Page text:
As part of the ongoing Frite Nite Trax single series, San Francisco-based electronic imprint Frite Nite just unleashed this collaboration between label boss/producer Salva and MC Vortex. "Pumpz" is a straight club jam to be sure, but not one without a handful of twists and pleasant surprises. What starts out as a basic, upbeat house-leaning tune quickly turns into a wobbly "post-juke," dubstep-y bit of bubbling bass tones, choppy synth stabs, and disjointed rhythmic sounds. Salva's production switches back and forth between the two club-friendly motifs while Vortex delivers snippets of verbiage about a "young female club-goer"—maintaining its deep vibes and slick swagger all the while.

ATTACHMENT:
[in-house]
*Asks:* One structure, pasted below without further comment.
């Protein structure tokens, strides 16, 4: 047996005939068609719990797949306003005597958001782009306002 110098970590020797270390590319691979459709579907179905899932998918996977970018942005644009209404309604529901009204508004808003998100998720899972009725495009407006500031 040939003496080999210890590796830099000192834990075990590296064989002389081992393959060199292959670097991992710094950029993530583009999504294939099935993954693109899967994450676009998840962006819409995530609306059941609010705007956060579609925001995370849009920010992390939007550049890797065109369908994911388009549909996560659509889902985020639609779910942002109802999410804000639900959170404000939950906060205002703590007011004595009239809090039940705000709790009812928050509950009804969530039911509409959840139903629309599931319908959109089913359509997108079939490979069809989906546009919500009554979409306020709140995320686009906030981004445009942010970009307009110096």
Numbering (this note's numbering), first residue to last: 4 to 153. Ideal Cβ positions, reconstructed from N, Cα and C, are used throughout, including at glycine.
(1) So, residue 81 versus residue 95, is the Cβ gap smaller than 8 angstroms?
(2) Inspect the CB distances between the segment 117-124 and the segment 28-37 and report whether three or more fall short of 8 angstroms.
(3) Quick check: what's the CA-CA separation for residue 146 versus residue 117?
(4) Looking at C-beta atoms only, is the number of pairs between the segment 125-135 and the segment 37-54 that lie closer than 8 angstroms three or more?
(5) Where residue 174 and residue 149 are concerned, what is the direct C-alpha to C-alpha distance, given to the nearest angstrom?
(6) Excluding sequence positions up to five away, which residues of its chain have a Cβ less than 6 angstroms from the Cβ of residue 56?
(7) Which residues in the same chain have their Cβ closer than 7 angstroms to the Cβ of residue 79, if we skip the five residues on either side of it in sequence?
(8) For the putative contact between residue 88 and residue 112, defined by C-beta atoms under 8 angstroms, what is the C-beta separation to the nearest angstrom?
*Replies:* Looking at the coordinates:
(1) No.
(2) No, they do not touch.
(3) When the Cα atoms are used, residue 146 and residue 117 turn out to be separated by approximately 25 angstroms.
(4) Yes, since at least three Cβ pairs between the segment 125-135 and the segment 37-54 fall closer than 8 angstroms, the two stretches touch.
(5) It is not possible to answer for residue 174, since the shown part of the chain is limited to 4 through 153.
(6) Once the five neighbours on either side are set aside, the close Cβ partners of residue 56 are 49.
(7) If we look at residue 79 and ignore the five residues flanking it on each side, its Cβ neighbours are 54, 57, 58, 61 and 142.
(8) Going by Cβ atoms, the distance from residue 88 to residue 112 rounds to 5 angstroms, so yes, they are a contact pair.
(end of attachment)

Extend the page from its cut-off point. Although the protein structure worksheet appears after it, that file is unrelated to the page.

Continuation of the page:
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Last summer Def Jux founder, producer, rapper, and all-around underground hip-hop pioneer of the '00s El-P reemerged with a collection of instrumentals entitled Weareallgoingtoburninhellmegamixxx3 and a performance at LA's premier beat night, Low End Theory. Possibly sparked by that appearance, Low End's resident MC, Nocando (pictured above), happens to grace this menacing instrumental with an incredibly intelligent and impassioned verse. Anyone who's had a chance to catch Nocando on a Wednesday night in LA has probably already been hipped to the MC's style (a mix of clever quips, honest thoughts, and party starting), but for those who are not familiar, this verse should serve as a nice introduction. El-P's mix of fuzzy psychedelia kicks the track off before being taken over by an aggressive breakbeat upon which Nocando absolutely kills it, covering a wide territory of subject matter with a quick, smart, and intense flow. Lines like "My friend said it would be the end of our era soon/And we should trade our Nissans in for hot air balloons" are just scratching the surface. Let's hope there's more of this collab down the line in one form or another.